Writing a list of long-term goals and dreams can help you achieve more, says Rizzo. “Even if you think it’s too big of a dream but it’s something you want, write it down anyway,” she says. “When you write something down, studies say you’ll be 33% more likely to do it because it sets an intention and puts a goal into action.  Create a long-term goals list for yourself and your company. Then create a reminder to review and re-evaluate it periodically.

“I set a recurring meeting on the calendar in my phone and review my list,” says Rizzo. “I cross off the things that have happened, add new goals, or delete things I no longer want to do. It’s a good exercise for achieving the things you want.”


When you’re making an important decision, such as forming a partnership or entering a new business venture, create a list of pros and cons. “This list makes you dig down deep,” says Rizzo. “And just because there are more pros than cons, it doesn’t mean your decision should be a definite yes.”

The best way to use this list is to write it down and leave it alone. “Come back to it the next day when your perspective is fresh,” says Rizzo. “It can also help to share your list with someone else or ask a friend or partner to help brainstorm more pros and cons. This list gives you the clarity you need to make good decisions.”

When you are working on a project with others, create project lists that detail tasks and assign responsibilities.

“This helps you avoid micromanaging,” says Rizzo, who suggests using online project management software, such as Asana or Basecamp. Projects can be broken down into actionable tasks and assigned to team members. Everyone can view everyone else’s progress, as everyone has access to all team members’ to-do lists.

“This eliminates the need for numerous emails that can become confusing, and everything about a project is contained in one location,” says Rizzo.

If you have an upcoming meeting or important phone call, create a list of things you want to discuss, so you don’t risk forgetting something. Keep this list handy on your desk, so when things pop in your mind you can jot them down.

“A talking points list makes meetings more efficient, because you can be sure to address everything you need at once,” says Rizzo.



Bite-sized Pecan Pie Bars

Pecan-Pie-Bars-1Mini desserts are so great.  They allow our guests to indulge and feel guilt-free.  You can try a little pecan bar, a little cheese cake and a little churro bite.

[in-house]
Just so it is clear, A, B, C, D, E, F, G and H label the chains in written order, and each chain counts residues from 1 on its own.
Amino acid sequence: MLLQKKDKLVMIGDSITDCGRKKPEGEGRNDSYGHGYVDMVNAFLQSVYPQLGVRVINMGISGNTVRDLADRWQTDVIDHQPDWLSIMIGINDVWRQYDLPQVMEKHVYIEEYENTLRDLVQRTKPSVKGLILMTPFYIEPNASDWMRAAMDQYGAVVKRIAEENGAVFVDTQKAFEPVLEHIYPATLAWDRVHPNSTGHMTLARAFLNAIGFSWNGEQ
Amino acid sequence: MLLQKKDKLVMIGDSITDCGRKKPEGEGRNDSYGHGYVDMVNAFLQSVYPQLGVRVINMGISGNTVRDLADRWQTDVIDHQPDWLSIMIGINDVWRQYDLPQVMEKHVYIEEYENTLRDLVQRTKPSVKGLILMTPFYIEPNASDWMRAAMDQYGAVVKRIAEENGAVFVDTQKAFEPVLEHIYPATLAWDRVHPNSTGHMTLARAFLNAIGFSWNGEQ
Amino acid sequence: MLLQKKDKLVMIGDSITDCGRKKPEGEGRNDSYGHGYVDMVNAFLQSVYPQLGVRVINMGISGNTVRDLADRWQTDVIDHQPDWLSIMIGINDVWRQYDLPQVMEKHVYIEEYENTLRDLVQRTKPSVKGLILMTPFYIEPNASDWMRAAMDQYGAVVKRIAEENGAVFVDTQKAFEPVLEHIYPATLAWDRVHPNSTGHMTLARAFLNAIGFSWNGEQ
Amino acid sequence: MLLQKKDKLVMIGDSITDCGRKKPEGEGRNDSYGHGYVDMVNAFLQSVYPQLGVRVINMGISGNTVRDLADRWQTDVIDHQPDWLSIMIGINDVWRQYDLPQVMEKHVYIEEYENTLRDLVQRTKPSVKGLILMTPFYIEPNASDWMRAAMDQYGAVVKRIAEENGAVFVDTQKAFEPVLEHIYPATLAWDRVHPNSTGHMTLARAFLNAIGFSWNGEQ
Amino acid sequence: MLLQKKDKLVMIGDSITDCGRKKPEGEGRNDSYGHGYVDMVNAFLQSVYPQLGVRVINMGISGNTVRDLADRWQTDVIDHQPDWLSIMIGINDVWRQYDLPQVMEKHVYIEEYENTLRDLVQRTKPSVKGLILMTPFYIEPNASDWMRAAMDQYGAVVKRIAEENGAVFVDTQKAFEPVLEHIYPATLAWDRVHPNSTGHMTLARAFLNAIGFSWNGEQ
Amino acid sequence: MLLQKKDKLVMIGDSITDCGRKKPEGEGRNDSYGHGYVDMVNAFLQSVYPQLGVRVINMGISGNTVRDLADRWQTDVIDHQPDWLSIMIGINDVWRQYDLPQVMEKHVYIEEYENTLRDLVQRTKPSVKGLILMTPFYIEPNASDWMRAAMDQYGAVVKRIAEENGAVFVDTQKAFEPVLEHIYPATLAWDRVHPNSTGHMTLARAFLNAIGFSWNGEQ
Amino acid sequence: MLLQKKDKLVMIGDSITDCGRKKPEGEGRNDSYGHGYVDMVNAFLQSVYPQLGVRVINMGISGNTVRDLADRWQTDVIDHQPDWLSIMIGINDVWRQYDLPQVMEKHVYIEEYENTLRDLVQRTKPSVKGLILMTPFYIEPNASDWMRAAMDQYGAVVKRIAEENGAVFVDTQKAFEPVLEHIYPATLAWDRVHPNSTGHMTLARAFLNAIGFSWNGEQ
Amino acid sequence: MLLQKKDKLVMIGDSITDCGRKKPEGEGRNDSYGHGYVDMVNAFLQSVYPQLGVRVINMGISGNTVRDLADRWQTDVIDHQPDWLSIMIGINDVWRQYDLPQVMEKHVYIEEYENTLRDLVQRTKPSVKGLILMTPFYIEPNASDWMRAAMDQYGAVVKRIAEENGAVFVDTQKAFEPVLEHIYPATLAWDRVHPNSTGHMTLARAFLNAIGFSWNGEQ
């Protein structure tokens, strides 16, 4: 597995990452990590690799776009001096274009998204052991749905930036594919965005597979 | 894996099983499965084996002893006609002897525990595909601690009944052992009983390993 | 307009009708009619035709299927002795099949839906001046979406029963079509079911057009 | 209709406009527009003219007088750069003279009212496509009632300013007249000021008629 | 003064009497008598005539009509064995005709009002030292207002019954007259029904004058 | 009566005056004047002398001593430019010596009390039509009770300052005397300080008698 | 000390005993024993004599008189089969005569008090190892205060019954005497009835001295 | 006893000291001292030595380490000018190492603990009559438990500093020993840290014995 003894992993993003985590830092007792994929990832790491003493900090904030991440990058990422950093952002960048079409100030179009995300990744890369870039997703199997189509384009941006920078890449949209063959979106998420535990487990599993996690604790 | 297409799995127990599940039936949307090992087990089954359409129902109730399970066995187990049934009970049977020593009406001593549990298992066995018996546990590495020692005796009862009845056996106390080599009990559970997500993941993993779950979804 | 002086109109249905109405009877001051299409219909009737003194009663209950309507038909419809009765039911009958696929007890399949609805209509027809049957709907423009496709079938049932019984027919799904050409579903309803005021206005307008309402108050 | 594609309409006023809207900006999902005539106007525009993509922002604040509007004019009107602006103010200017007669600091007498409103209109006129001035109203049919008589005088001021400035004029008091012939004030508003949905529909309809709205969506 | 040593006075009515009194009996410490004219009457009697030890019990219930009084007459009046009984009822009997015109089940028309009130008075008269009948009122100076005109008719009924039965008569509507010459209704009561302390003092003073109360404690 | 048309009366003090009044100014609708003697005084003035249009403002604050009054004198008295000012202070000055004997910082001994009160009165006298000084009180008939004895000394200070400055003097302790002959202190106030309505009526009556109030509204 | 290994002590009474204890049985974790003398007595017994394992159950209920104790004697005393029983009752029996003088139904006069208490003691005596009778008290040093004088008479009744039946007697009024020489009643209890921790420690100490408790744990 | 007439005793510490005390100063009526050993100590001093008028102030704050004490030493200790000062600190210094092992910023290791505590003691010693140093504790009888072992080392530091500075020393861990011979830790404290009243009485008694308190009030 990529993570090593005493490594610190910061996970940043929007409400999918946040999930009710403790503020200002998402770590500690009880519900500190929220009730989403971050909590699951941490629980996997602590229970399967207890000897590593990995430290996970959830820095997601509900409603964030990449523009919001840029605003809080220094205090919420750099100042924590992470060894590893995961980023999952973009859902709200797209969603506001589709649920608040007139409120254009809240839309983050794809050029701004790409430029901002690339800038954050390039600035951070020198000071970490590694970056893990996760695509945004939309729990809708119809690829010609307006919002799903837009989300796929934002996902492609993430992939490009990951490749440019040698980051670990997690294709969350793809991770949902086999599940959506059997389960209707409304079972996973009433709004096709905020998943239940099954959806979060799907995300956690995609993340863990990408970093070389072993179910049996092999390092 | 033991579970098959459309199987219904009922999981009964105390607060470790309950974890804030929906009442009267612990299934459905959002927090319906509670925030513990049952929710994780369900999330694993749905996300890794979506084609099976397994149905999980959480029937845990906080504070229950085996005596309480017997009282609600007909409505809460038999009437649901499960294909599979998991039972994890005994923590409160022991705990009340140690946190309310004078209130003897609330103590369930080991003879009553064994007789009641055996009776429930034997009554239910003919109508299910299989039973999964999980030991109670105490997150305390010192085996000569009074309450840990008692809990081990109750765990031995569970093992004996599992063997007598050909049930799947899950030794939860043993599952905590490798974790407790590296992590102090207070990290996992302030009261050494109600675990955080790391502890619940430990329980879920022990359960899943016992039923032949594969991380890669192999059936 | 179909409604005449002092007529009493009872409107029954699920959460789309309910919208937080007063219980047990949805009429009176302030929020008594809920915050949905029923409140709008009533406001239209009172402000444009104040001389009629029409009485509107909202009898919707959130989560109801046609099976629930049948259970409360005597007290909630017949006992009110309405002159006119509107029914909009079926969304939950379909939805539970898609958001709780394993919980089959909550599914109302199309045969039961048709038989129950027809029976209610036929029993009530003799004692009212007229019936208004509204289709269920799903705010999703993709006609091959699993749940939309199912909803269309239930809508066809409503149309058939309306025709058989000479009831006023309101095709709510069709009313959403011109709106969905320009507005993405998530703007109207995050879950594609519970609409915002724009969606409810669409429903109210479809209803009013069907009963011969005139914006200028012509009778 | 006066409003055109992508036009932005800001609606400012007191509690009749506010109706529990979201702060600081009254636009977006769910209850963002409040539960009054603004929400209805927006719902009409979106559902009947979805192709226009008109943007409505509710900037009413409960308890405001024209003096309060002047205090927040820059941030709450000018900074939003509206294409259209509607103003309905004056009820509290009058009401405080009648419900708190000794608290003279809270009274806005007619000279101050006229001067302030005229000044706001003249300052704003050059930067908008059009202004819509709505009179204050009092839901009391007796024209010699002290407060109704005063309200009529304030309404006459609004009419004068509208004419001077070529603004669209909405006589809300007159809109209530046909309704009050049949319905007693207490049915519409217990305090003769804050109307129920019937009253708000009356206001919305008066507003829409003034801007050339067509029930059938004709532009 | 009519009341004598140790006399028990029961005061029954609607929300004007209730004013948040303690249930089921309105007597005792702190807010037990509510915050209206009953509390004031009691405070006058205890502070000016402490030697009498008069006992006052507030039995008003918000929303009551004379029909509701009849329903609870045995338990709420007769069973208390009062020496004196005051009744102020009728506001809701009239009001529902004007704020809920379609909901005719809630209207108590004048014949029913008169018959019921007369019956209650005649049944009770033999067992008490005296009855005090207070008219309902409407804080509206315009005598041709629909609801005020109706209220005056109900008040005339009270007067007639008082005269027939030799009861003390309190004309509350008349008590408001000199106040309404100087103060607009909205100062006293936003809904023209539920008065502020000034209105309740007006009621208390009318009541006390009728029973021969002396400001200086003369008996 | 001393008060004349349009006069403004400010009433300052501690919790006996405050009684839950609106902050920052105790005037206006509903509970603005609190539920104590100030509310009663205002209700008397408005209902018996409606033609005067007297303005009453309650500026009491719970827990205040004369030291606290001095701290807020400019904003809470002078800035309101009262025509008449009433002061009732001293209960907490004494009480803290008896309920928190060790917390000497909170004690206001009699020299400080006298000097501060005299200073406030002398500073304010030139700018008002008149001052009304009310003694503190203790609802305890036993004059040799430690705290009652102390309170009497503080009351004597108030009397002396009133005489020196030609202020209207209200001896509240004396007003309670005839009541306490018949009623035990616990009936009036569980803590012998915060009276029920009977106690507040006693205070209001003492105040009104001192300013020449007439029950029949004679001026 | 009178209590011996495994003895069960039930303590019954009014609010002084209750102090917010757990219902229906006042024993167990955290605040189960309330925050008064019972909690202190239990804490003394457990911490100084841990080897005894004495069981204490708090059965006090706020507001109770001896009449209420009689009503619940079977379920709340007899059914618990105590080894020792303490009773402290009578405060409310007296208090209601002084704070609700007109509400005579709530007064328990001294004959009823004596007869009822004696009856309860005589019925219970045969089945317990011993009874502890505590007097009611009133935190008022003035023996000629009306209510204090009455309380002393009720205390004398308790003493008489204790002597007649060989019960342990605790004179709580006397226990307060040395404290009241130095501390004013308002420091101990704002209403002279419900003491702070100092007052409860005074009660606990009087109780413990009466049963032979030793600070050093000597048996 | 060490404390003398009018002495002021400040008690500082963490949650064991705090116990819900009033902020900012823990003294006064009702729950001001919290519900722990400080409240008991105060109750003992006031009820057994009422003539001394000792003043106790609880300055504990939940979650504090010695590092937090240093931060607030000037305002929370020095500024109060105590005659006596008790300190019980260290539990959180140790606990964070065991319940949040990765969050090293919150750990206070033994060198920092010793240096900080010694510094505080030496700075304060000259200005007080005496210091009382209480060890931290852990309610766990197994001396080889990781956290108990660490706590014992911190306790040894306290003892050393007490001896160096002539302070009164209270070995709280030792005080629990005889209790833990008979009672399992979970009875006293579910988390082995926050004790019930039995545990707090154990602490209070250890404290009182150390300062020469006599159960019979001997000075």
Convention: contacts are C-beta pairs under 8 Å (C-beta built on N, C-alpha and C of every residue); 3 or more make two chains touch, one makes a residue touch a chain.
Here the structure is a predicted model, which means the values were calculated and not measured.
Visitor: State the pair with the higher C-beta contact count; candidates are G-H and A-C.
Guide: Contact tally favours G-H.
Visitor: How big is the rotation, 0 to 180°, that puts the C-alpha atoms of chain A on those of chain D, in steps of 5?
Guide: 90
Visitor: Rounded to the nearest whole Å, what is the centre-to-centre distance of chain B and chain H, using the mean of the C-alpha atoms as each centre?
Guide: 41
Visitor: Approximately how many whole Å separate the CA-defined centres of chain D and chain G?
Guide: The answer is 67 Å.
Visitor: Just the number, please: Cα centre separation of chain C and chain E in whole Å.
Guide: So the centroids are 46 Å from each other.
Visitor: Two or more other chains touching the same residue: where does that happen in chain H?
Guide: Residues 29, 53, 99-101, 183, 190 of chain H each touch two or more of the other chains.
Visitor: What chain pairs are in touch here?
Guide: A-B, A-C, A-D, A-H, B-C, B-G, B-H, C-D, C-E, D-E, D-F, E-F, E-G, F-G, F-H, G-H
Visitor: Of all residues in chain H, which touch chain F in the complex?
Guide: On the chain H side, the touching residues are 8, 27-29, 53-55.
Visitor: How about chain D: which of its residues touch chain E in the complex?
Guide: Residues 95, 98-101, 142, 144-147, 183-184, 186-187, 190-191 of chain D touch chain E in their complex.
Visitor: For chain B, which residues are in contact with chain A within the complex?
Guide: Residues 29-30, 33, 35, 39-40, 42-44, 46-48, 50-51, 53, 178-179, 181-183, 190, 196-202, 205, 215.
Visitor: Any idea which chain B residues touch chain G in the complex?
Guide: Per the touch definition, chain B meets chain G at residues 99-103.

At our house, we love pecan pie and these bars are a little bit of pecan heaven.  The secret ingredient is the Heath Bar bits!



2 1/2 cups all purpose flour
1 cup butter or margarine, cut into pieces
1/2 cup powdered sugar
1/4 teaspoon salt


4 eggs
1 1/2 cups Karo® Light OR Dark Corn Syrup
1 1/2 cups sugar
3 tablespoons butter OR margarine, melted
1 1/2 teaspoons Pure Vanilla Extract
2 1/2 cups coarsely chopped pecans
1 bag Heath Bar bits



Preheat oven to 350°F. Mix flour, butter, powdered sugar and salt with an electric mixer until mixture resembles coarse crumbs. Line your pan with foil. Press firmly and evenly into a greased 15 x 10-inch rimmed pan. Bake 20 minutes until golden brown.

For FILLING: Beat eggs, corn syrup, sugar, butter and vanilla in a large bowl until well blended. Stir in pecans and Heath Bar Bits.
Pour over hot crust; spread evenly.
Bake 25 minutes at 350°F until filling is firm around the edges and slightly firm in center. Cool completely on wire rack before serving

Fourth of July Vanilla Bean Confetti Cookies

IMG_1344Sprinkles make everything more fun. We tried out these fantastic Confetti Cookies when some friends celebrated their new U.S. Citizenship.

Since sprinkles come in all kinds of colors, we can have them for any holiday.  For the Fourth, they will go perfectly with our homemade ice cream.   Our ice cream will be Milky Way.





Vanilla Bean Confetti Cookies

1 1/2 cups all-purpose flour
1 teaspoon baking powder
1 teaspoon cream of tartar
1/2 teaspoon baking soda
1/2 teaspoon salt